Gadgets based on works of fiction

Why might a computer scientist need to write fiction? To make sure she creates an app that people actually need.

Portrait images of lots of people used as personas.

Writing fiction doesn’t sound like the sort of skill a computer scientist might need. However, it’s part of my job at the moment. Working with expert rheumatologists Amy MacBrayne and Fran Humby, I am helping a design team understand what life with rheumatoid arthritis is like, so they can design software that is actually needed and so will be used and useful.

A big problem with developing software is that programmers tend to design things for themselves. However, programmers are not like the users of their software. They have different backgrounds and needs and they have been trained to think differently. Worse, they know the system they are developing inside out, unlike its users. An important first step in a project is to do background research to understand your users. If designing an app for people with rheumatoid arthritis, you need to know a lot about the lives of such people. To design a successful product, you particularly need to understand their unfulfilled goals. What do they want to be able to do that is currently hard or impossible?

What do you do with the research? Alan Cooper’s idea of ‘Personas’ are a powerful next step – and this is where writing fiction comes in. Based on research, you write descriptions of lots of fictional characters (personas), each representing groups of people with similar goals. They have names, photos and realistic lives. You also write scenarios about their lives that help understand their goals. Next, you merge and narrow these personas down, dropping some, creating new ones, altering others. Your aim is to eventually end up with just one, called a primary persona. The idea is that if you design for the primary persona, you will create something that meets the goals of the groups represented by the other personas it replaced.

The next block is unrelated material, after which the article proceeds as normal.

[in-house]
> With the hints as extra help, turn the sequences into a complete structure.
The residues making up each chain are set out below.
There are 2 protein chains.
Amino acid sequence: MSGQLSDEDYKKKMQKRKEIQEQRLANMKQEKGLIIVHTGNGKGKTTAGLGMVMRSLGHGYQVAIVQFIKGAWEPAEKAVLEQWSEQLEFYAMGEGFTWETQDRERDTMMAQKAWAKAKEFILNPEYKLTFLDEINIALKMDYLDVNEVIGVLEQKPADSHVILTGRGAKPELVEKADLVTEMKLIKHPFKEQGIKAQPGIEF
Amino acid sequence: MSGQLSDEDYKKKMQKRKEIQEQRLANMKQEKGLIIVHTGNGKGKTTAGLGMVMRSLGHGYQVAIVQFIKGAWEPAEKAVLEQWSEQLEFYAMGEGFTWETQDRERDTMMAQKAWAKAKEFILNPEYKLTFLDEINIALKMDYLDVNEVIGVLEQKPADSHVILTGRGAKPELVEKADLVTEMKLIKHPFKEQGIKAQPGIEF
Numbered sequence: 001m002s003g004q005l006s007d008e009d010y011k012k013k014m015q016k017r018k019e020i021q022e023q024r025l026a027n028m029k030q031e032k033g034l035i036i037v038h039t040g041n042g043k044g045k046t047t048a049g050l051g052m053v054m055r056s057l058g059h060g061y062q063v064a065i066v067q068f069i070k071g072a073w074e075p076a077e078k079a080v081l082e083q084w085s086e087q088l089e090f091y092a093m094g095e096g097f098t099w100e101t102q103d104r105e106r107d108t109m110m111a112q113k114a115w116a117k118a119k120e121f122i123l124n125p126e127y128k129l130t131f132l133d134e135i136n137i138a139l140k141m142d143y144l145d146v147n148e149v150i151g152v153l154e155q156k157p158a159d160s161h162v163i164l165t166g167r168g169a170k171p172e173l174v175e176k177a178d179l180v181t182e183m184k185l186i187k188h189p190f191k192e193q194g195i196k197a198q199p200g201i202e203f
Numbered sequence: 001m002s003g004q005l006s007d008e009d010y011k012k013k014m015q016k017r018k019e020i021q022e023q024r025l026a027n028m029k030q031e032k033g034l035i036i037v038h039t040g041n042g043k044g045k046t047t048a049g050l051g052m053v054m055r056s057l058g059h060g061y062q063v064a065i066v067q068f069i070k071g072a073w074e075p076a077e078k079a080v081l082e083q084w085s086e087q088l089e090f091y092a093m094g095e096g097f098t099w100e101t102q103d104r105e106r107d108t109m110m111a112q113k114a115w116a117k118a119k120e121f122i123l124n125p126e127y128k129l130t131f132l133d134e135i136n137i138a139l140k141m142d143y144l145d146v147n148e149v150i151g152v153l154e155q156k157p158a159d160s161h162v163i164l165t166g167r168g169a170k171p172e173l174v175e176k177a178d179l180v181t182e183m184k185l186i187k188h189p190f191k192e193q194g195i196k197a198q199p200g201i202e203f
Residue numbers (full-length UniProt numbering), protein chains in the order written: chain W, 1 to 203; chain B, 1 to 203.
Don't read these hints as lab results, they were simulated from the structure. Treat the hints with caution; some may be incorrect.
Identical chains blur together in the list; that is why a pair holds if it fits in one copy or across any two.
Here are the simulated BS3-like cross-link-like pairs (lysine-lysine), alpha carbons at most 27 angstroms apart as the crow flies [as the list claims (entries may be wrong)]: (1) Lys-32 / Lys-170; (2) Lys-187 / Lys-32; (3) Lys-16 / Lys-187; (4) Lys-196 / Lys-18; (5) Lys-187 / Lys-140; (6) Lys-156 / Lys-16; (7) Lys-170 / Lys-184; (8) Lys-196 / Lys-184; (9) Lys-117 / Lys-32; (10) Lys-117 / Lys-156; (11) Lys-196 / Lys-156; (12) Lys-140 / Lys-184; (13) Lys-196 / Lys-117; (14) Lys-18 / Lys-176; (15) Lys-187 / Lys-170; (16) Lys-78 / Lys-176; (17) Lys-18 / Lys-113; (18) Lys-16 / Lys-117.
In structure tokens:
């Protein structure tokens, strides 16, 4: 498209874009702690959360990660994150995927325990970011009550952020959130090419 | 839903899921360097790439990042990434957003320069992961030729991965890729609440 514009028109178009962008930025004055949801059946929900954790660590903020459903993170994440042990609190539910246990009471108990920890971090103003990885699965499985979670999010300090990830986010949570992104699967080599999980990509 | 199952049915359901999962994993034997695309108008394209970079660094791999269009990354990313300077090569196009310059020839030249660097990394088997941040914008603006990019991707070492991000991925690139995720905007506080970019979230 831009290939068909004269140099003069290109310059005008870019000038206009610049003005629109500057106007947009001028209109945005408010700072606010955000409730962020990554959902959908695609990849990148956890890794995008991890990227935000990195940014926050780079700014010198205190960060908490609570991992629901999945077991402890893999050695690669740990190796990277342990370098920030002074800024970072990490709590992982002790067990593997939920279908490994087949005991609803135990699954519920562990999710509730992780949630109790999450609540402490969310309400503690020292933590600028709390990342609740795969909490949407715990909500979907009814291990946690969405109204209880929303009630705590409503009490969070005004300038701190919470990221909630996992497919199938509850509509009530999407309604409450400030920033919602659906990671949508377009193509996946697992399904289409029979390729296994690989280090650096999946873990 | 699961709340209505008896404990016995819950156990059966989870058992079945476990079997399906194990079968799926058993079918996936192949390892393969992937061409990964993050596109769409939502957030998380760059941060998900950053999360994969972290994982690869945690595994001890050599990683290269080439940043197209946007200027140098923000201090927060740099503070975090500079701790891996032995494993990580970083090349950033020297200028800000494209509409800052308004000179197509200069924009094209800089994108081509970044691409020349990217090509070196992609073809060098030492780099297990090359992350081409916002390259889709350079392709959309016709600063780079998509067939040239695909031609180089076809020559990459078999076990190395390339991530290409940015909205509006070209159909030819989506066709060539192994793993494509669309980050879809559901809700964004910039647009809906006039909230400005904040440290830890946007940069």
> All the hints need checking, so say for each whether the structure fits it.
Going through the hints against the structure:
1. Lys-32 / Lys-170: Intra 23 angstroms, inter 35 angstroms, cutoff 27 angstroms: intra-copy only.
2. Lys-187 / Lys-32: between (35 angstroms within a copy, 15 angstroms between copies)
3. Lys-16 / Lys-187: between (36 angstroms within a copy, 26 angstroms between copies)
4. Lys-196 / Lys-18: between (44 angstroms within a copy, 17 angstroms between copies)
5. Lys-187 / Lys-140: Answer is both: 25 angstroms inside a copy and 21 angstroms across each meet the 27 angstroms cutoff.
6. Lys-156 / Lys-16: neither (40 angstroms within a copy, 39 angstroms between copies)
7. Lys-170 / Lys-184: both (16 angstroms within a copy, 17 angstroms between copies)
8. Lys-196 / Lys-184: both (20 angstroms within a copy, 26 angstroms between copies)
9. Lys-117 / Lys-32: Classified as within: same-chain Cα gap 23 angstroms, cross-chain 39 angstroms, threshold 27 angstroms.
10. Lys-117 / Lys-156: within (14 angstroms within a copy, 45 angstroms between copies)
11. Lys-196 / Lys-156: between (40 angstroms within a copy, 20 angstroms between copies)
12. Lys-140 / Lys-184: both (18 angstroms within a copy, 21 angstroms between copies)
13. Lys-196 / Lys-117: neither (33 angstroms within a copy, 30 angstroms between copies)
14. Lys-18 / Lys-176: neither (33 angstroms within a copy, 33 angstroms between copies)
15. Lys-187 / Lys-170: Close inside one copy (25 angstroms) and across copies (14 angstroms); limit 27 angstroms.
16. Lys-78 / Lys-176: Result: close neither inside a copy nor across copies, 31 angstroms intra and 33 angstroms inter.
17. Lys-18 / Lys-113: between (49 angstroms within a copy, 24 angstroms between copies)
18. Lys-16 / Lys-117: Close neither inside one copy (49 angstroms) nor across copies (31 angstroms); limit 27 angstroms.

The primary persona (let’s call her Samira) is then used throughout the design process as the person being designed for. If wondering whether some new feature or way of doing things is a good idea, the designers would ask themselves, “Would Samira actually want this? Would she be able to use it?” If they can think of her as a real person, it is much easier to make decisions than if thinking of some non-existent abstract “user” who becomes whatever each team member wants them to be. It helps stop ‘feature bloat’ where designers add in every great idea for a new feature they have but end up with a product so complex no one can, or wants to, use it.

As part of the Queen Mary PAMBAYESIAN project we have been talking to rheumatoid arthritis patients and their doctors to understand their needs and goals. I’ve then created a cast of detailed personas to represent the results. These can act as an initial set of personas to help future designers designing apps to support those with the disease.

If you thought creative writing wasn’t important to a computer scientist, think again. A good persona needs to be as powerfully written and as believable as a character in a good novel. So, you should practice writing fiction as well as writing programs.

Read some of our personas about living with rheumatoid arthritis here.

– Paul Curzon, Queen Mary University of London, Spring 2021

See the related Teaching London Computing Activity

Find out more about goal-directed design and personas from its creator in Alan Cooper’s wonderful book “The inmates are running the Asylum” (the inmates are computer scientists!)

Download Issue 27 of the cs4fn magazine on Smart Health here.

This post and issue 27 of the cs4fn magazine have been funded by EPSRC as part of the PAMBAYESIAN project.